The Linga Sarira or Subtle Body guarantees the continuance of identity of karma. Shankara explains:
....to the soul remaining still surrounded by the subtle elements, occur such thoughts about the future body as are called up by the accumulated results of past actions; and this expectancy becomes lengthened out to the next body like a leech. This being the manner of acquiring a fresh body, as shown by the Upanishads all other theories arising from the human intellect, such for instance as (the Sankhya theory) that when the all-pervasive senses and soul acquire a new body as a result of past actions, they start functioning there itself; or (the Buddhist theory) that the soul alone, by itself, acquires its function there, while the senses, just as much as the body, are born afresh in those different spheres of experience; or (the Vaisesika view) that the mind alone proceeds to the new place of experience; or (the Jaina view) that the soul alone jumps from one body to another like a parrot from one tree to another – all these are to be ignored as running counter to the Vedic view.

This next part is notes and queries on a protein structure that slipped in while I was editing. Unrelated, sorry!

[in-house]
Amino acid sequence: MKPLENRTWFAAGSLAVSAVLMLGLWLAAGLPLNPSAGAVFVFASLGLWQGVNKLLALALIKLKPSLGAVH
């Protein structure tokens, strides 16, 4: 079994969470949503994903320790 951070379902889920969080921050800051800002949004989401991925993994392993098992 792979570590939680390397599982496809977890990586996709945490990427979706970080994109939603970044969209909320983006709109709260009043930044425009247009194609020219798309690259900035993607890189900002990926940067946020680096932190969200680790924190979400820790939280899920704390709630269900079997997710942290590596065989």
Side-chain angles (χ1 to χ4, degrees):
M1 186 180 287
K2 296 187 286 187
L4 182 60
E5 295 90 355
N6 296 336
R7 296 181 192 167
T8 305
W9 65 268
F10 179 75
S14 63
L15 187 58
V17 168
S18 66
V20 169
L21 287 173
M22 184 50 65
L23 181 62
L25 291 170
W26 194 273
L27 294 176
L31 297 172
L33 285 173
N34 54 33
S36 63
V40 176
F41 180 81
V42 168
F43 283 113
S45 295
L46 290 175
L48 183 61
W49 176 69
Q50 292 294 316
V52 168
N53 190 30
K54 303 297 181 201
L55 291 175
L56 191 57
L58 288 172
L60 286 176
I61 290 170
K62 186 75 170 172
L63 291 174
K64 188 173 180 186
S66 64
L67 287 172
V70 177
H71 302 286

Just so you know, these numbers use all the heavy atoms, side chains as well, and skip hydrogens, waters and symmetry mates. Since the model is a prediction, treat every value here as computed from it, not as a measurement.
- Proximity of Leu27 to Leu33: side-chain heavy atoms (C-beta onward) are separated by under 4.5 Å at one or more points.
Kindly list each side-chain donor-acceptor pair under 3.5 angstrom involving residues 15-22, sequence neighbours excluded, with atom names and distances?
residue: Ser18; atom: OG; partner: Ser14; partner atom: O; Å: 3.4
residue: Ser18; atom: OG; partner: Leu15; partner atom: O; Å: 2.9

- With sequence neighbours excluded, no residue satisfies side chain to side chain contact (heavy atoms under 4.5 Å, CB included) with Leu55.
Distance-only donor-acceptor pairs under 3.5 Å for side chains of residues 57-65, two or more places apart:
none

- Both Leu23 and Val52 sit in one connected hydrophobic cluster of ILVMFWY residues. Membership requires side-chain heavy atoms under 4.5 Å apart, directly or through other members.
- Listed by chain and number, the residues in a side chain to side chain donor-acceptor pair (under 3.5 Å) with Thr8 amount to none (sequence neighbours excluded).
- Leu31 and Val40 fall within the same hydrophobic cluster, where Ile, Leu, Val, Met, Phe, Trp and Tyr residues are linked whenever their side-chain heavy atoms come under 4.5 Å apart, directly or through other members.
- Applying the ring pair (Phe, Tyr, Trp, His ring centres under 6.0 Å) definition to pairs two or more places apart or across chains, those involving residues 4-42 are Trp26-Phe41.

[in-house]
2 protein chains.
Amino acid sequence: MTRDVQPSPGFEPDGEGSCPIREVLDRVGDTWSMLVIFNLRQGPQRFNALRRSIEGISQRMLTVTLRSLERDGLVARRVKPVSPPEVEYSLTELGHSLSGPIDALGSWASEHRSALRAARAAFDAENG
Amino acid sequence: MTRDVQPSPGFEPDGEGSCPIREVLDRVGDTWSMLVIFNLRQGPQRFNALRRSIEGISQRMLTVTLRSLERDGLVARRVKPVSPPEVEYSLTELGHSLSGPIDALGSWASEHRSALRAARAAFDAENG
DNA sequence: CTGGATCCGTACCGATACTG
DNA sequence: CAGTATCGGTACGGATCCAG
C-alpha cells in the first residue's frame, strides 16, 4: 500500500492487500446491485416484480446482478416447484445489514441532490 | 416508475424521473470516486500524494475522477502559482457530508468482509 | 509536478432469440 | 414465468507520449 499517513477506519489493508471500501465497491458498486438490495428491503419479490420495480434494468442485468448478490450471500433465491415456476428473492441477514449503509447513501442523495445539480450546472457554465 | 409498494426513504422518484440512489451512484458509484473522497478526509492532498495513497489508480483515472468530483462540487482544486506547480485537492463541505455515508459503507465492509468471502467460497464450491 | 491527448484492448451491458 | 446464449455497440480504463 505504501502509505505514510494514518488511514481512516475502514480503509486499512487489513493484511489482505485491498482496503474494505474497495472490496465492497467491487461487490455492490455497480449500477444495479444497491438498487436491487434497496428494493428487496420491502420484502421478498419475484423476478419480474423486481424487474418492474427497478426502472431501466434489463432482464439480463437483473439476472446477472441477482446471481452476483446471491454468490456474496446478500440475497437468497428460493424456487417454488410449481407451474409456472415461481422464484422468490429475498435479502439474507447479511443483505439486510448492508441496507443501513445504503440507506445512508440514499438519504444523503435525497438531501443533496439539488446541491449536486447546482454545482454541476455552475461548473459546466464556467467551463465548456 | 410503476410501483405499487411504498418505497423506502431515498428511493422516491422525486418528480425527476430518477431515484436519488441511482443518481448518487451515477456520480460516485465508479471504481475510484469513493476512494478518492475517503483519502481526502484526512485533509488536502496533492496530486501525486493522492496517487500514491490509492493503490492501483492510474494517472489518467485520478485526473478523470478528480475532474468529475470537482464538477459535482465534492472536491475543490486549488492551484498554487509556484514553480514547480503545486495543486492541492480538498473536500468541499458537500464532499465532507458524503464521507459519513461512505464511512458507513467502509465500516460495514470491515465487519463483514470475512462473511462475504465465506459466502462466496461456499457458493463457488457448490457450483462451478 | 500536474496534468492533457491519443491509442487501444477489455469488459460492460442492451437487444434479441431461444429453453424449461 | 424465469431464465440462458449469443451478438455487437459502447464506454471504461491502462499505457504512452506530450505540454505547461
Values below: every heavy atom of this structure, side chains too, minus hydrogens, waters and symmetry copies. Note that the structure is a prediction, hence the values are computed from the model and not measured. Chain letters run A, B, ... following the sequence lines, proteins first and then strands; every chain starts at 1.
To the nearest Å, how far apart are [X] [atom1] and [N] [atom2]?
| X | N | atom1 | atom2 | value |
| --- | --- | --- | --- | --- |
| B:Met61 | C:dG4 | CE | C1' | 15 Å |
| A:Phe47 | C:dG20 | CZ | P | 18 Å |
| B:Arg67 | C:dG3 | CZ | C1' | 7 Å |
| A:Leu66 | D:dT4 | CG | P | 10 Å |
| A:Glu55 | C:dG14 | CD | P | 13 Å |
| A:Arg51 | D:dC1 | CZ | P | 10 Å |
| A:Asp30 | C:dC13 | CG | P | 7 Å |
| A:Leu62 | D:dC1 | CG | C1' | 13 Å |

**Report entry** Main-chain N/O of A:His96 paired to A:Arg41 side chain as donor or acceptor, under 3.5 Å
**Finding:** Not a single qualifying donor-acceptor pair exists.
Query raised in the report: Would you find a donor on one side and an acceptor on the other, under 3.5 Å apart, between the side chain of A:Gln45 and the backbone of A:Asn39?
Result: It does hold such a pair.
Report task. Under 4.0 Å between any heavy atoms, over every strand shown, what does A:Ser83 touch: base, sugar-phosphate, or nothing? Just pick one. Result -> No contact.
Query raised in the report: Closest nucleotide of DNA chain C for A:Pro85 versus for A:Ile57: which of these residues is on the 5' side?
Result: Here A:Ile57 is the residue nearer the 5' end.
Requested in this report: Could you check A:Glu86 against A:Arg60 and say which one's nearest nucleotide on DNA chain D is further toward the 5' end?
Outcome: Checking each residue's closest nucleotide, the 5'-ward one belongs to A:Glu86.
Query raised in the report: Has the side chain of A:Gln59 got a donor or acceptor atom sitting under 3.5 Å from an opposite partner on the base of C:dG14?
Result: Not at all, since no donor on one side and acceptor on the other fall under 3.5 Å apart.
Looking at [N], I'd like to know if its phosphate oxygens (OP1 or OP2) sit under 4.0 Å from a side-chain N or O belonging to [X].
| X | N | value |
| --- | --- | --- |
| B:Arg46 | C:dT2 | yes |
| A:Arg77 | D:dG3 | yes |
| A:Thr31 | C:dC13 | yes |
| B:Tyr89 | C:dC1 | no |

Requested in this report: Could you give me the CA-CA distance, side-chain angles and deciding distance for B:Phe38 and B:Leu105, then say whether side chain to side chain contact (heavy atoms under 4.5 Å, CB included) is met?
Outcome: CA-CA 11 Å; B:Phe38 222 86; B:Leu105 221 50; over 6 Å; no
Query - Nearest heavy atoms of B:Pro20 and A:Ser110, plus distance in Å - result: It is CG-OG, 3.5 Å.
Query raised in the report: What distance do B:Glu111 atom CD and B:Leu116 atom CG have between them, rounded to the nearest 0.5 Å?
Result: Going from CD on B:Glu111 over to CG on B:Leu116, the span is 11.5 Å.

What your concept of personal identity is in this life will condition the view of your post-mortem identity. If you believe in the continuance of the karmic adventures of the Jiva or individual person after the 'great change' as James Carlyle, Thomas's father called it, then there must be continuity. The jiva in Vedanta is a body/mind entity so the subtle body must form a bridgehead to the next life. The material support for life is so to speak subtilised and this carries through the karma to its next venue.
Shankara indicates in a curtailed form how the different concepts of identity in this life, Sankhya, Jain, Vaisesika and Buddhist are reflected in the accounts of transition to the next. All show a definite metaphysical consistency and differ from each other.